However, field drug tests are very common in the military more than anything else. U.S. military personnel undergo testing when they enter the service and throughout their careers, often using these tests to maintain security clearances.
There is an allegation that field drug tests have the highest possibility of showing false positives. Many people have gone to jail or prison for drug-related offenses based on a false positive. A false positive is when you test "positive" for a drug that you do not have in your body, either because it's not present or your body has been somehow altered so that it's no longer detectable. It can happen occasionally but is especially common with field drug tests.
How Reliable Is The Field Drug Test?
The reliability of the field drug test varies greatly, depending on the brand and model used. Some tests have extremely high accuracy levels and can detect even minute traces of smaller amounts of cocaine, methamphetamines, ecstasy, opiates, and MMJ.
Conversely, some of the tests have very low levels of accuracy and will only detect very small amounts of these drugs. Note that numerous studies have been conducted in drug tests to examine the prevalence of false positives and the accuracy level of these tests. Some of these studies indicate a very low number of false positives.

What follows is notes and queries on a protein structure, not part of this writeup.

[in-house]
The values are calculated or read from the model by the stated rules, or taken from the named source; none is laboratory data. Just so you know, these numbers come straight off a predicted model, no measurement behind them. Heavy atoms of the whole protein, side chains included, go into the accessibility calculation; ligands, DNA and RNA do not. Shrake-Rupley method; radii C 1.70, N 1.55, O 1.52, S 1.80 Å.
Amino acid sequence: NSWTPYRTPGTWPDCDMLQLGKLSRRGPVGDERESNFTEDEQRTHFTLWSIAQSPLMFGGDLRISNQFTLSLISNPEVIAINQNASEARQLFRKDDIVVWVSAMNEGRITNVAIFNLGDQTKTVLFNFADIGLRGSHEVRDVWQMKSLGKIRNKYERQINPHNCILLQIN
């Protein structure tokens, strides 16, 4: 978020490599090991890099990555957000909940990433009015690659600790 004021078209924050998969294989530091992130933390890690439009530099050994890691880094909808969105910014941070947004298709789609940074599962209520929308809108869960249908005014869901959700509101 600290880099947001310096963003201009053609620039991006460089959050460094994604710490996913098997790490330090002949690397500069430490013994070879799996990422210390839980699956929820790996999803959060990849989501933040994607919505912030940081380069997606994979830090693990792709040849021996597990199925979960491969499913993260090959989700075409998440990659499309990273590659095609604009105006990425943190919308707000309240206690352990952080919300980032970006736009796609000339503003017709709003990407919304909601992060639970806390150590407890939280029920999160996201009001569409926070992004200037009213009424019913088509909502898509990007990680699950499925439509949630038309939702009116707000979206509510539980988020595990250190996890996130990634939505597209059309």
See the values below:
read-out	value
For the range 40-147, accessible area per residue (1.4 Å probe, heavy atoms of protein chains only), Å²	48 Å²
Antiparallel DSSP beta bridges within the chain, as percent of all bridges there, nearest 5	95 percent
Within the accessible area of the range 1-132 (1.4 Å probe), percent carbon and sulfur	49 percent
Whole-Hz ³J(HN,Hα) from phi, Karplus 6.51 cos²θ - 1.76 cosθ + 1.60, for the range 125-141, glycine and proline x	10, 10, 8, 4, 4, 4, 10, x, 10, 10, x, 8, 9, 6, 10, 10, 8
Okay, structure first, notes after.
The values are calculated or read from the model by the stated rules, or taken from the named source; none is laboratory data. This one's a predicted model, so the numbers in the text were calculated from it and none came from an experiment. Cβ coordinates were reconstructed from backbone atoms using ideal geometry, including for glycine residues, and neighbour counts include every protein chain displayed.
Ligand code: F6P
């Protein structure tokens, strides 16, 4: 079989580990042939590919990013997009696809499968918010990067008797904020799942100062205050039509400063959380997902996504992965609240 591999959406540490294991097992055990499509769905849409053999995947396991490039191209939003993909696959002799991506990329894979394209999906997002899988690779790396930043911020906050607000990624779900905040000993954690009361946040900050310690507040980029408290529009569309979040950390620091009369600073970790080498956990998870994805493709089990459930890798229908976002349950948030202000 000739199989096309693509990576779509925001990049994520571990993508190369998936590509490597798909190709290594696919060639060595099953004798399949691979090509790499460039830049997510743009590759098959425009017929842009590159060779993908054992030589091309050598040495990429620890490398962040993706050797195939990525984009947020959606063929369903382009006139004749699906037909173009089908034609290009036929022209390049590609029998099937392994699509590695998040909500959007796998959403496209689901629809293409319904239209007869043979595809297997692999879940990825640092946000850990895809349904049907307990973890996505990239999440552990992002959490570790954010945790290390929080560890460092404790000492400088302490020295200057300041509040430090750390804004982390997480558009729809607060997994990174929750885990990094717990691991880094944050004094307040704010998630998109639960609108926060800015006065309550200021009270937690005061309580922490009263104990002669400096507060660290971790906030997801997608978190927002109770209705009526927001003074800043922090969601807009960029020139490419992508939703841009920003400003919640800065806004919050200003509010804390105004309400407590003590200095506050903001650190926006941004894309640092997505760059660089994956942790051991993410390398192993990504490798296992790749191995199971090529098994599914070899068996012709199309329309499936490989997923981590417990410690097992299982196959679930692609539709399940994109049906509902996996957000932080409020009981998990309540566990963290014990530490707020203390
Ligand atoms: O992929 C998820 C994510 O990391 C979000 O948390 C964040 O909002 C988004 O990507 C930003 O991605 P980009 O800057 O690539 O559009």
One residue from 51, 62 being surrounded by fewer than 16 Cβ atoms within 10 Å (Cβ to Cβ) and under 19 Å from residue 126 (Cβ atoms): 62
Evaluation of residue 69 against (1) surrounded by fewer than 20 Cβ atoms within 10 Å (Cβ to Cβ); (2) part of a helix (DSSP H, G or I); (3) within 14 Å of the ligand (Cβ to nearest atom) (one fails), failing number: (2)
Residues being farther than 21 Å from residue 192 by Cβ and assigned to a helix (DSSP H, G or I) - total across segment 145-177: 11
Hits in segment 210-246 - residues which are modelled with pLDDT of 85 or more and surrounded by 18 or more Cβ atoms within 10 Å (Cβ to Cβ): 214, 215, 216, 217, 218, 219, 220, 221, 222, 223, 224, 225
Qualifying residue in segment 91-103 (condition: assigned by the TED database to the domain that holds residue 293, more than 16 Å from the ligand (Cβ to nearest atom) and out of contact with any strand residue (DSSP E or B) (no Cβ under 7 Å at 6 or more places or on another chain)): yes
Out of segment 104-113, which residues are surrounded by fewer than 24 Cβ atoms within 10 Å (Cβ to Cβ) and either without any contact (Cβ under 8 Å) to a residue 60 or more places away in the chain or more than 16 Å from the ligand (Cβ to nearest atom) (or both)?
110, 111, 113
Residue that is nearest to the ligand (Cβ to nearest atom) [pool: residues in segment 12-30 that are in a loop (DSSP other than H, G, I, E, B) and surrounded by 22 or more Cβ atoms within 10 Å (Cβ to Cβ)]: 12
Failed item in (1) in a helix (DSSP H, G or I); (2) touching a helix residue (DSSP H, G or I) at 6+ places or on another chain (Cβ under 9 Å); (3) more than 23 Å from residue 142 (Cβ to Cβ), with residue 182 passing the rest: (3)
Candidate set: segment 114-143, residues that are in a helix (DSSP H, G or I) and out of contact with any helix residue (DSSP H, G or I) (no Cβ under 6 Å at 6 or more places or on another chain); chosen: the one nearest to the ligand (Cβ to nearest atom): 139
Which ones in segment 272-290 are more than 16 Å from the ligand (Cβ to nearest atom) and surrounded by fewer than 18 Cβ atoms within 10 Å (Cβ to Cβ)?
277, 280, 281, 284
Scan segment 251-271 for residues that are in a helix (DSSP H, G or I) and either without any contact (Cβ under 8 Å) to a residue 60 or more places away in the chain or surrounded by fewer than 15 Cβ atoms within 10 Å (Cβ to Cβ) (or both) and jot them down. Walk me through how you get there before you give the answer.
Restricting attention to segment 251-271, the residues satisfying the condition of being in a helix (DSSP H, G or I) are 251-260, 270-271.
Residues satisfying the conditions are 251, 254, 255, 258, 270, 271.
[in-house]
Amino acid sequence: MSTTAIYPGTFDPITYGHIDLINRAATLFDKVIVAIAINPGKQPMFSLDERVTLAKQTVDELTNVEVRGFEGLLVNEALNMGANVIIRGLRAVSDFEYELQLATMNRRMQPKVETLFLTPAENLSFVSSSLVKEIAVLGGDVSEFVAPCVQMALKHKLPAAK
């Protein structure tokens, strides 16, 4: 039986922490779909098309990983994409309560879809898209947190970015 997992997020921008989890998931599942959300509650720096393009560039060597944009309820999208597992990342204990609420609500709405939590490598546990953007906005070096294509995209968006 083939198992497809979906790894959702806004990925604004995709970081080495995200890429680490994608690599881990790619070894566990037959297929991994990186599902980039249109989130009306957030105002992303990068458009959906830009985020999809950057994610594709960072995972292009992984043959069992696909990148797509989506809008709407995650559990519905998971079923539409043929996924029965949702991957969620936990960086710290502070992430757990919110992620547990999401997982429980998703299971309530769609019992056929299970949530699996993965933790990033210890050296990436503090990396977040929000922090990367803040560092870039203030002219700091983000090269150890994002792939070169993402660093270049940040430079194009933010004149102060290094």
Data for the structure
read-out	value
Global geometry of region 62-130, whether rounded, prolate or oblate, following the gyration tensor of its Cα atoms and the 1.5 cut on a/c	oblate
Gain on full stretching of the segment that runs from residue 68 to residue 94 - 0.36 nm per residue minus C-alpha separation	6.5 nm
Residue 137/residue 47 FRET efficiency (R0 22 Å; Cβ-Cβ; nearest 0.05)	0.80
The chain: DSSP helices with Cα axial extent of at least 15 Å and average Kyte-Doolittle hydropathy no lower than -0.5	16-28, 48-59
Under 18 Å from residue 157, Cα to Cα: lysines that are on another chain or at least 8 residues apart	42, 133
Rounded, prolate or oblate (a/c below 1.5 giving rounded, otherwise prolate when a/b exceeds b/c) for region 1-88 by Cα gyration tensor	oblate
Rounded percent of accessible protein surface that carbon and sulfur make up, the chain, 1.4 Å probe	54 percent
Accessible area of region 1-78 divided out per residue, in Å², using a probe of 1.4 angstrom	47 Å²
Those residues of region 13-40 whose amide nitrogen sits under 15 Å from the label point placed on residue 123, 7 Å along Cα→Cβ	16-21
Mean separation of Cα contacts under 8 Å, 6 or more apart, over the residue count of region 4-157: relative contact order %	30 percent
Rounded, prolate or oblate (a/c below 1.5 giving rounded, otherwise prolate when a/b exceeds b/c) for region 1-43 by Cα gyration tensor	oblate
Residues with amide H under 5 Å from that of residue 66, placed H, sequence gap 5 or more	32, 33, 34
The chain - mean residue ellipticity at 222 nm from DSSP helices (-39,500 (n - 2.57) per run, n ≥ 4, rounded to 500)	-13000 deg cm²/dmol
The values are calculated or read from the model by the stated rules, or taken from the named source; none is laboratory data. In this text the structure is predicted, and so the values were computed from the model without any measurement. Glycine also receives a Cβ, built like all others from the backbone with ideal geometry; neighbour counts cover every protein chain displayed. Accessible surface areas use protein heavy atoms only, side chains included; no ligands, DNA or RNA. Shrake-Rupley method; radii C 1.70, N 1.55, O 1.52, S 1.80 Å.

For example, one 2009 study by the DEA found that only between 2 and 10 percent of all positive tests during the field drug tests were false positives. Another 2006 study by the U.S. Department of Defence estimated that false positives cause as many as 35 percent of positive drug test results. A 2011 study by the U.S. Substance Abuse and Mental Health Services Administration determined that 7% of positive field drug tests are due to false positives.
Additionally, the results of these drug tests cannot be used in court because they lack the necessary quality control testing required to identify and quantify drugs in the system properly. They are not usually used to charge people with crimes but can be used as a starting point for further investigation into someone's actions.
What Causes False-Positive Results On A Field Drug Test?